Readings and reflection from Sunshine Cathedral in Second Life on Sunday, May 18, 2014
Visit us in Second Life, (http://www.secondlife.com) and search for Sunshine Cathedral.
Call to Worship
Sing joyfully to the LORD,
All: Praise the LORD with music.
Sing to God a new song,
All: sing with skill and joy!
Blessed is the nation whose God is the LORD,
All: blessed is the people God chose for an inheritance.
In God our hearts rejoice, for we trust in the holy name of our Lord.
All: May God’s unfailing love rest upon us, for we put our hope in you.
Loving Creator we gather here today to join our voices and hearts together to create your beloved community With song and prayer we join our voices in praise and listen for your voice in the still quiet place of our hearts.
Be near us and make your love known to us today. We sing a new song to you Eternal Spirit of the Risen Christ. Amen
(The Inclusive Hebrew Scriptures, vol. iii, Priests for Equality)
1Sing out your joy to Our God, you who love justice – praise is fitting for loyal hearts. 2Praise Our God with the harp, and play music with a ten-stringed lyre! 3Sing God a new song, play with all your skill, and with shouts of joy! 4For the word of Our God is true and everything God does can be trusted. 5Our God loves justice…and fills the earth with love.
1 Peter 2.2-3, 9-10 (NIV)
2 Like newborn babies, crave pure spiritual milk, so that by it you may grow up in your salvation, 3 now that you have tasted that the Lord is good. 9 You are a chosen people, a royal priesthood, a holy nation, God’s special possession, that you may declare the praises of [the one] who called you out of darkness into a wonderful light. 10 Once you were not a people, but now you are the people of God…
John 14.1-12 (New Revised Standard Version, adapted)
1“Do not let your hearts be troubled. Believe in God, believe also in me. 2In [God’s] house there are many dwelling places. If it were not so, would I have told you that I go to prepare a place for you? 3And if I go and prepare a place for you, I will come again and will take you to myself, so that where I am, there you may be also. 4And you know the way to the place where I am going.” 5Thomas said to him, “Lord, we do not know where you are going. How can we know the way?” 6Jesus said to him, “I am the way, and the truth, and the life. No one comes to [know God] except through me. 7If you know me, you will know my [God] also. From now on you do know God…” 8Philip said to him, “Lord, show us [God], and we will be satisfied.” 9Jesus said to him, “Have I been with you all this time, Philip, and you still do not know me? Whoever has seen me has seen the [Heavenly Parent]. How can you say, ‘Show us [God]’? 10Do you not believe that I am in [God] and [God] is in me? The words that I say to you I do not speak on my own; but the [Divine dwelling] in me does [the] works. 11Believe me that I am in [God] and [God] is in me; but if you do not, then believe me because of the works themselves. 12Very truly, I tell you, the one who believes in me will also do the works that I do and, in fact, will do greater works than these…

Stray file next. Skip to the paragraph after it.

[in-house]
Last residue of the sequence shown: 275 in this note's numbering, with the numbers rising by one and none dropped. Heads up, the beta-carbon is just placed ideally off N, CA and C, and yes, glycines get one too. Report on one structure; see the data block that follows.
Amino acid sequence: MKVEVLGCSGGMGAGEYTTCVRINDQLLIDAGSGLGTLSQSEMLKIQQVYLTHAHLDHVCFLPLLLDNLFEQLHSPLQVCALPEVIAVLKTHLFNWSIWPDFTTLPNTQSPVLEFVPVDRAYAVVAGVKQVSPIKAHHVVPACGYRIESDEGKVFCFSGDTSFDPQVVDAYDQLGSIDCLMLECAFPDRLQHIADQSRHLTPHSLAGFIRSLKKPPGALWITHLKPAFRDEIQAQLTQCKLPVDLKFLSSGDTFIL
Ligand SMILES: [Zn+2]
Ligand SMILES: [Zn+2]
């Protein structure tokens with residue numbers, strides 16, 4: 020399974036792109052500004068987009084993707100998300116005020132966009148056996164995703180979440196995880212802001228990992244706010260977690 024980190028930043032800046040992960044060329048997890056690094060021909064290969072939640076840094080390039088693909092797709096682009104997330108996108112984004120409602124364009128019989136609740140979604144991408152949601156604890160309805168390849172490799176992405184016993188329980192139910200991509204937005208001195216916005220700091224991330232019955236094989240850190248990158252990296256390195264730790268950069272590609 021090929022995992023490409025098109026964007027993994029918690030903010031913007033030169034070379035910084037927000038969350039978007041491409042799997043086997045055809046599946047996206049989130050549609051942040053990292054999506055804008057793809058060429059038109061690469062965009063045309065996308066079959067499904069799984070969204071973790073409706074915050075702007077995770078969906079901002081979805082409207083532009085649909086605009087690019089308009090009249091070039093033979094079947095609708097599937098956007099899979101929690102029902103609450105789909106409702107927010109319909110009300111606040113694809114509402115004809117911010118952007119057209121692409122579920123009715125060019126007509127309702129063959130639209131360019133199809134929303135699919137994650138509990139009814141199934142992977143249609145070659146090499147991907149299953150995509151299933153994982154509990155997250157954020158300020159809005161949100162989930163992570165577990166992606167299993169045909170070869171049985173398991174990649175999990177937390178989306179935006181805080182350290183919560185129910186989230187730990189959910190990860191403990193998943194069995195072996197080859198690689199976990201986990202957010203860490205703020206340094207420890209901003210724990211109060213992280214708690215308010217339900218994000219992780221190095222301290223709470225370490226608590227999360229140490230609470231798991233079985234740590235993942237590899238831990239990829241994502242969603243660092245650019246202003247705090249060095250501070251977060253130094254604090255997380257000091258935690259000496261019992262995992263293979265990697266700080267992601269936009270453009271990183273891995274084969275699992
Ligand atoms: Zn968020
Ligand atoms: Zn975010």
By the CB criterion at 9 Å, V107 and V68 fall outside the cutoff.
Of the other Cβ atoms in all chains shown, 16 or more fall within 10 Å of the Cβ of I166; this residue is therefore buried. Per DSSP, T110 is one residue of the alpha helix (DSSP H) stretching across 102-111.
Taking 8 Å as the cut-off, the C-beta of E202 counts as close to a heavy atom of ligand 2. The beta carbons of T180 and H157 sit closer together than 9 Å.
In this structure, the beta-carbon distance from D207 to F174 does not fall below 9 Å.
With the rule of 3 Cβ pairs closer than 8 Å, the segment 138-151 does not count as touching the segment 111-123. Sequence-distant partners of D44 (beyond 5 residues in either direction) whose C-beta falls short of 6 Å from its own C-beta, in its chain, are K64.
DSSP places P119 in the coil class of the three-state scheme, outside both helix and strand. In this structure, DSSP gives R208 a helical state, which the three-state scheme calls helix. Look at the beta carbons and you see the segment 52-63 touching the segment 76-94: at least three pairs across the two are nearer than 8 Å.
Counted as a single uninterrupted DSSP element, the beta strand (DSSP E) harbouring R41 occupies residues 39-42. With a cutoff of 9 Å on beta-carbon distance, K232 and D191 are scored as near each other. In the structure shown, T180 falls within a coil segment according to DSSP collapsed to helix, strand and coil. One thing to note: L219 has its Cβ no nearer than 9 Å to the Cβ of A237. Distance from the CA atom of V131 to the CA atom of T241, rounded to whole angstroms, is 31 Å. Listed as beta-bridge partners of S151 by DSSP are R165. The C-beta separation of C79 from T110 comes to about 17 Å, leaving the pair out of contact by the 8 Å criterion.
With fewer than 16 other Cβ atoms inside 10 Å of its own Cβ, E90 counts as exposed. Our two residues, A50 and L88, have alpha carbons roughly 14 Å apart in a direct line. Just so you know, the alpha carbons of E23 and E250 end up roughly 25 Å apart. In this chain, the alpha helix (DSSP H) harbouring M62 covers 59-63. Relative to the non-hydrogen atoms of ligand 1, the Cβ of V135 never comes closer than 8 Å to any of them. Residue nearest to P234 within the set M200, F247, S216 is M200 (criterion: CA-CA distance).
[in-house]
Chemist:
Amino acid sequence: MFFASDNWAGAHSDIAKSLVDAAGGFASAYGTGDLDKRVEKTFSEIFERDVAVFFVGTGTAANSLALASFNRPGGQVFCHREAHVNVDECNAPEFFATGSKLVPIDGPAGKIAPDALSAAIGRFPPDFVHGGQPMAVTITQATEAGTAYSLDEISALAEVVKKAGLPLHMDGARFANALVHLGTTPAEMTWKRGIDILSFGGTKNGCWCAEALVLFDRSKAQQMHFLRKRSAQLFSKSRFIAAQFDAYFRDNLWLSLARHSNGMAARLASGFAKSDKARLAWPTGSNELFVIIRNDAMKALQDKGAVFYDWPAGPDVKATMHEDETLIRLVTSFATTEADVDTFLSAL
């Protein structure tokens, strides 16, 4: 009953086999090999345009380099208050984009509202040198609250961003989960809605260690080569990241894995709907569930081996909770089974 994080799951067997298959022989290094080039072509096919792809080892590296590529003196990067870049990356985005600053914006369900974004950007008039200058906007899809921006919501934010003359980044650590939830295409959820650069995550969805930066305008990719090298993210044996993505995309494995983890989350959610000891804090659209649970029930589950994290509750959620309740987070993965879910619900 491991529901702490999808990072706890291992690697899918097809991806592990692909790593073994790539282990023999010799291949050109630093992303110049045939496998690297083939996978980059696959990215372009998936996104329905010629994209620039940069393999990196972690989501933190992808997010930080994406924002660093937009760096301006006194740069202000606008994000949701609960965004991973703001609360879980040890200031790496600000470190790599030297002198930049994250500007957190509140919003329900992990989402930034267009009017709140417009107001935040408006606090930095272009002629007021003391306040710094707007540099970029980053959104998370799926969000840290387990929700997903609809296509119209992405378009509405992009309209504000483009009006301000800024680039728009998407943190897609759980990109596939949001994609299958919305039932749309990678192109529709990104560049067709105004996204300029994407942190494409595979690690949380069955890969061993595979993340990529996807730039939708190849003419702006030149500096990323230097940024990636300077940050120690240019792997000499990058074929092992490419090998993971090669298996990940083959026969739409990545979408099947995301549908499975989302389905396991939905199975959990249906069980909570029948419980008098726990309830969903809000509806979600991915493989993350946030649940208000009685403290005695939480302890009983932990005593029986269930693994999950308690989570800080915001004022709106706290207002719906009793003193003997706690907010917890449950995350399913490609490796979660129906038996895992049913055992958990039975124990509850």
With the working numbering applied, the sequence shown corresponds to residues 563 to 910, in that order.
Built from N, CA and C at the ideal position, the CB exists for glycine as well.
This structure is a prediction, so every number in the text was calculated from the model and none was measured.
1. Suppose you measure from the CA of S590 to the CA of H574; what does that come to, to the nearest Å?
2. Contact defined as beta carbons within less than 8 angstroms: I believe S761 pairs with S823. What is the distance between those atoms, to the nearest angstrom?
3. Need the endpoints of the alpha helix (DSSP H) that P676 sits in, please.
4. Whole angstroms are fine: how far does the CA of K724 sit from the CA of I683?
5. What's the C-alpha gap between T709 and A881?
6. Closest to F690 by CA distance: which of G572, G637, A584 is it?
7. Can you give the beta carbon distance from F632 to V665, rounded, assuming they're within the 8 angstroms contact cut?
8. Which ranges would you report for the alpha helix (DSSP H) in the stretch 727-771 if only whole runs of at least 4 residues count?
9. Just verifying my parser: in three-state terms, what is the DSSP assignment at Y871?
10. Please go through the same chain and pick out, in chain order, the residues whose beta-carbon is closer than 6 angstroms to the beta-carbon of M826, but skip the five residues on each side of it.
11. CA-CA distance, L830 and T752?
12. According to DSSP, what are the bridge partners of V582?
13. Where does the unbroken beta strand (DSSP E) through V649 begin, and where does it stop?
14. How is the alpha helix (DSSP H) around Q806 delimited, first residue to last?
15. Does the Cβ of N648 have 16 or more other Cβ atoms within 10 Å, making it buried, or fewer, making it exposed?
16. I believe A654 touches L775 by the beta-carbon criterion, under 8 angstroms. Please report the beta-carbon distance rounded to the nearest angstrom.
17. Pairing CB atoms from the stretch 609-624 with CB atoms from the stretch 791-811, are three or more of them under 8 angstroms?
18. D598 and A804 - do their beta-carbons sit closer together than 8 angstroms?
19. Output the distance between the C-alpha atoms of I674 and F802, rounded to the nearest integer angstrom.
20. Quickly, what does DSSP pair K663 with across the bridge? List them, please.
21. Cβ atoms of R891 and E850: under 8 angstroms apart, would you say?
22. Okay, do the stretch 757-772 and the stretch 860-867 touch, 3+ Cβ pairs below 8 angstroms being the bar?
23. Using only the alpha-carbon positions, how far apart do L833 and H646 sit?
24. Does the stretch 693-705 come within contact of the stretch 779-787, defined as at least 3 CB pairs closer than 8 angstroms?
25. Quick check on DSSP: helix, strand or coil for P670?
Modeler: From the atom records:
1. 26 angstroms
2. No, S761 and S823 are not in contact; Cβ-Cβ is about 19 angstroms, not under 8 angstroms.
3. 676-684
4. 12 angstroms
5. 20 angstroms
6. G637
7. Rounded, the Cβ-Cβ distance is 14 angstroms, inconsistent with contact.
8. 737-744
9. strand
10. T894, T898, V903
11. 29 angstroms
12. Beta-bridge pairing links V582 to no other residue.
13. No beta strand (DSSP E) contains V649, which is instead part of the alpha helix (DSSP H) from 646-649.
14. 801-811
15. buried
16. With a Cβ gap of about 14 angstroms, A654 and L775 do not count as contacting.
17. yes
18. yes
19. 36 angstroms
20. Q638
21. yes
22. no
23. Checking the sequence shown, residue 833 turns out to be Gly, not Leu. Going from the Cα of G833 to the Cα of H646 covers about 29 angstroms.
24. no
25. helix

Reflection by Rev. Dr. BK Hipsher, Virtual Chaplain, Sunshine Cathedral
Click on the audio bar below to hear the recording. Text follows.
This week I had lunch with a friend. We were discussing a toxic situation at her work. My friend is a singer and musician. She loves music and had a beautiful voice. Singing and making music in praise to God is the basis of her spiritual practice. So when she said to me that she had begun to feel that the oppressive climate at her workplace had taken away her voice, that she no longer found joy in singing, I paid particular attention.
This set me thinking about what it means to sing a new song and how we use our voices in the service of bringing about God’s realm of justice love in the world. Our readings today speak in different terms about using our voice. The Psalm speaks of singing to praises. When we speak highly of someone the colloquialism I grew up saying referred to “singing someone’s praises.”